The Pine Bush Central School District is considering installing a cell phone tower at Circleville Middle School (CVMS) to improve poor reception inside three buildings in the district.
Superintendent Tim Mains said coverage is unavailable in CVMS, Circleville Elementary School and Pakanasink Elementary School, which presents safety problems.
“We consider it a safety issue for us to have such poor cell phone service on this end of the district,” Mains said.
For example, Mains said an adult-to-adult conflict occurred at a modified basketball game, which prompted the coaches to move the players to the locker rooms. When adults in the audience tried to call 911 to avoid an altercation, they couldn’t make the call because of poor service.
In another recent incident, a staff member collapsed in a hallway at CVMS, but no one could receive service when trying to call from their cell phone. Fortunately, the incident occurred during the day, so staff where able to call 911 using office phones.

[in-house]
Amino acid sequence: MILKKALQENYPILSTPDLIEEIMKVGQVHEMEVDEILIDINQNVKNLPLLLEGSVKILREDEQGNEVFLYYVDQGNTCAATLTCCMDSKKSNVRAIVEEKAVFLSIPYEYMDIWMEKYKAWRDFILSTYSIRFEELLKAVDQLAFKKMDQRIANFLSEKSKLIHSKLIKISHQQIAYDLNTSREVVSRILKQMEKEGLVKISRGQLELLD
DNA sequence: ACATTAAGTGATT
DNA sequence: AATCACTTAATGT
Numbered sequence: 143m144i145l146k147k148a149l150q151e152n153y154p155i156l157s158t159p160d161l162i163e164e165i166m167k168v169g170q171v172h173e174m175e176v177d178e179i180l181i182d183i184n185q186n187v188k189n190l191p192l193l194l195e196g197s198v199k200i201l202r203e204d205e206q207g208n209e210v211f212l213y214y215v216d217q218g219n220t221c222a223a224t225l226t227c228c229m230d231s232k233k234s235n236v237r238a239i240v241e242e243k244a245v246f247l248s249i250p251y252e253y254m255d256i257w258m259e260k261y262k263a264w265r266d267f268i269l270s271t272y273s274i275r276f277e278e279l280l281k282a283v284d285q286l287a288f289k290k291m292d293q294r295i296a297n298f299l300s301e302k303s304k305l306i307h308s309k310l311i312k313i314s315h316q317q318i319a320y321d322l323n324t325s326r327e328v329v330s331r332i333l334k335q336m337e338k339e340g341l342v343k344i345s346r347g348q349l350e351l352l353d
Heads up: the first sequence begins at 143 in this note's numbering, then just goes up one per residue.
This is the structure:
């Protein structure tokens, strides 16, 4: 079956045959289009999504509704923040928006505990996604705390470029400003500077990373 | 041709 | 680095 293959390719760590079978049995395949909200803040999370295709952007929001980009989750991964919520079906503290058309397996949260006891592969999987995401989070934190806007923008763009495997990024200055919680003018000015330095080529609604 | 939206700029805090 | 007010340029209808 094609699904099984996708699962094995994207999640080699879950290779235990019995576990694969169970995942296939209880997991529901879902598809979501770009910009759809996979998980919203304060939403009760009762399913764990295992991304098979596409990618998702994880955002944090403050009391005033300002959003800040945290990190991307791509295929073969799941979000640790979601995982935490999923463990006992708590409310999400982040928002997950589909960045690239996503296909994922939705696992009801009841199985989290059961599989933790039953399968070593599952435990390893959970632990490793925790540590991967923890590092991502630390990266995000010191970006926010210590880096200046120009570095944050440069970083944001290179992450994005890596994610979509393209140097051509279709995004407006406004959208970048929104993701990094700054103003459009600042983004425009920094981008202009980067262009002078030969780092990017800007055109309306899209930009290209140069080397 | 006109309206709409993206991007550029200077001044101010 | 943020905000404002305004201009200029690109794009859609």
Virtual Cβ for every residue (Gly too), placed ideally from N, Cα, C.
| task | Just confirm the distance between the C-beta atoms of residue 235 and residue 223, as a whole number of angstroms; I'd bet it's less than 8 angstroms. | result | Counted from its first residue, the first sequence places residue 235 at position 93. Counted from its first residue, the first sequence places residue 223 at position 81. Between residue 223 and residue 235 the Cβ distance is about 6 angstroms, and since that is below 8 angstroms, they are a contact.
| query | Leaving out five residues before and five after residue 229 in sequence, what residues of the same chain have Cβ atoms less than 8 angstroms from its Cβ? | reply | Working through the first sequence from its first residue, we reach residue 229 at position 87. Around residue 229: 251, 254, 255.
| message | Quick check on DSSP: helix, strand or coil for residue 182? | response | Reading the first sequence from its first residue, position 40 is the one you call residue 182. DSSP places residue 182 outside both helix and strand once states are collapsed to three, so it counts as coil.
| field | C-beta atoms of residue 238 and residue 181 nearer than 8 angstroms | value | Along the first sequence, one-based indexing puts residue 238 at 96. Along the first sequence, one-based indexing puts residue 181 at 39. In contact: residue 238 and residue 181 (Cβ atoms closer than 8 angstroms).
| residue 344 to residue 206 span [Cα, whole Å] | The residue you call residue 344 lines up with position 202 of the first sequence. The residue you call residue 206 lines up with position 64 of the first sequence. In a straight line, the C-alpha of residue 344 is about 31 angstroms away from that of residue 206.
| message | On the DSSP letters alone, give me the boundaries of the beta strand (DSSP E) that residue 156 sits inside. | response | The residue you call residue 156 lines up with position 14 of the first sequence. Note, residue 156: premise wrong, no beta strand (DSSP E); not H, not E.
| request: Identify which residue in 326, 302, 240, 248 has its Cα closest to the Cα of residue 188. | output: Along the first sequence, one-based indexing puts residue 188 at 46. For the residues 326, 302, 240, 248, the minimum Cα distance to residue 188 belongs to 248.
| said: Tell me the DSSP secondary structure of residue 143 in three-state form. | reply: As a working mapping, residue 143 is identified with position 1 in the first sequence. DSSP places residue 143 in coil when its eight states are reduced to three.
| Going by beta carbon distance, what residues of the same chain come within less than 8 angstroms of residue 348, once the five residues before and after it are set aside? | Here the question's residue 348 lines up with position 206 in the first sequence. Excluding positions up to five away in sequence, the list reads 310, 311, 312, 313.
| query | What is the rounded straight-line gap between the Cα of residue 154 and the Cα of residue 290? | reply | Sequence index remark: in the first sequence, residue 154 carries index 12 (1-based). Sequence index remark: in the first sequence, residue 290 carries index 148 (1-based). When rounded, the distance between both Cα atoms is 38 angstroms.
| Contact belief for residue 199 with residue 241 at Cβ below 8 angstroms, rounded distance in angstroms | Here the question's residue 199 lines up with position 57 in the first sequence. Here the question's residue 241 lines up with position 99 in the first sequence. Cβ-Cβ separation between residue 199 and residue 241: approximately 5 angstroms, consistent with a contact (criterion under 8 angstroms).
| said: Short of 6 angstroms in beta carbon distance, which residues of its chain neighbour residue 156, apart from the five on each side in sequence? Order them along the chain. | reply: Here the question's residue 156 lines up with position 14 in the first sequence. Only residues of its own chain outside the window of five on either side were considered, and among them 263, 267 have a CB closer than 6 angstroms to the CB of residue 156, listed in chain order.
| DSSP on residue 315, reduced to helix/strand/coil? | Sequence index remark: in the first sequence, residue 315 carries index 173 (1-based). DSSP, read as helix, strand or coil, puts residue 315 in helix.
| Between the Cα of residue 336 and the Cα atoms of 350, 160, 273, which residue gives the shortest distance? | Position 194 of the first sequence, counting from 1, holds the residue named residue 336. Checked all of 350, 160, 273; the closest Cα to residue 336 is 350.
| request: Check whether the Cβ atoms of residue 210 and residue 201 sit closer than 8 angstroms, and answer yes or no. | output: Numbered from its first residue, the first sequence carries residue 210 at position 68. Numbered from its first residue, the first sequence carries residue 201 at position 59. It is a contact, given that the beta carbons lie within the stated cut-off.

Verizon Wireless representative Michael Crosby said a 62-foot antenna would be needed to provide coverage in the three buildings. The existing Scotchtown tower is over capacity.
Buildings such as schools are more difficult to penetrate because of the nature of the construction, so a stronger signal outside the building is needed, Crosby said.
Crosby said despite the close proximity of the tower to students and staff, the signal strength will stay within the Federal Communications Commission (FCC)-mandated guidelines for what is safe for the general population and occupational workers.
Cell phone towers pose no health risk because the frequencies they omit are much lower than the frequencies needed to cause cell damage. Crosby listed numerous organizations that have come to the same conclusion, such as the FCC, the American Cancer Society, the World Health Organization, the Food and Drug Administration and many more.
“What we’re providing for service does not create adverse health effects,” Crosby said. “So, this is not for children or adults to be concerned with.”
Crosby said Verizon has installed cell service at several other schools, such as schools in Monticello, Utica and Rochester.
“We work on a roughly 45,000 square mile area across upstate New York and portions of Pennsylvania, so it’s common for us to do this sort of installation,” Crosby said. “It’s not out of the ordinary.”
The project would come at no cost to the district because Verizon would be able to collect revenue from providing surface to the surrounding area.
Crosby said in the best case scenario, construction would start later this year to have the tower operational by 2020.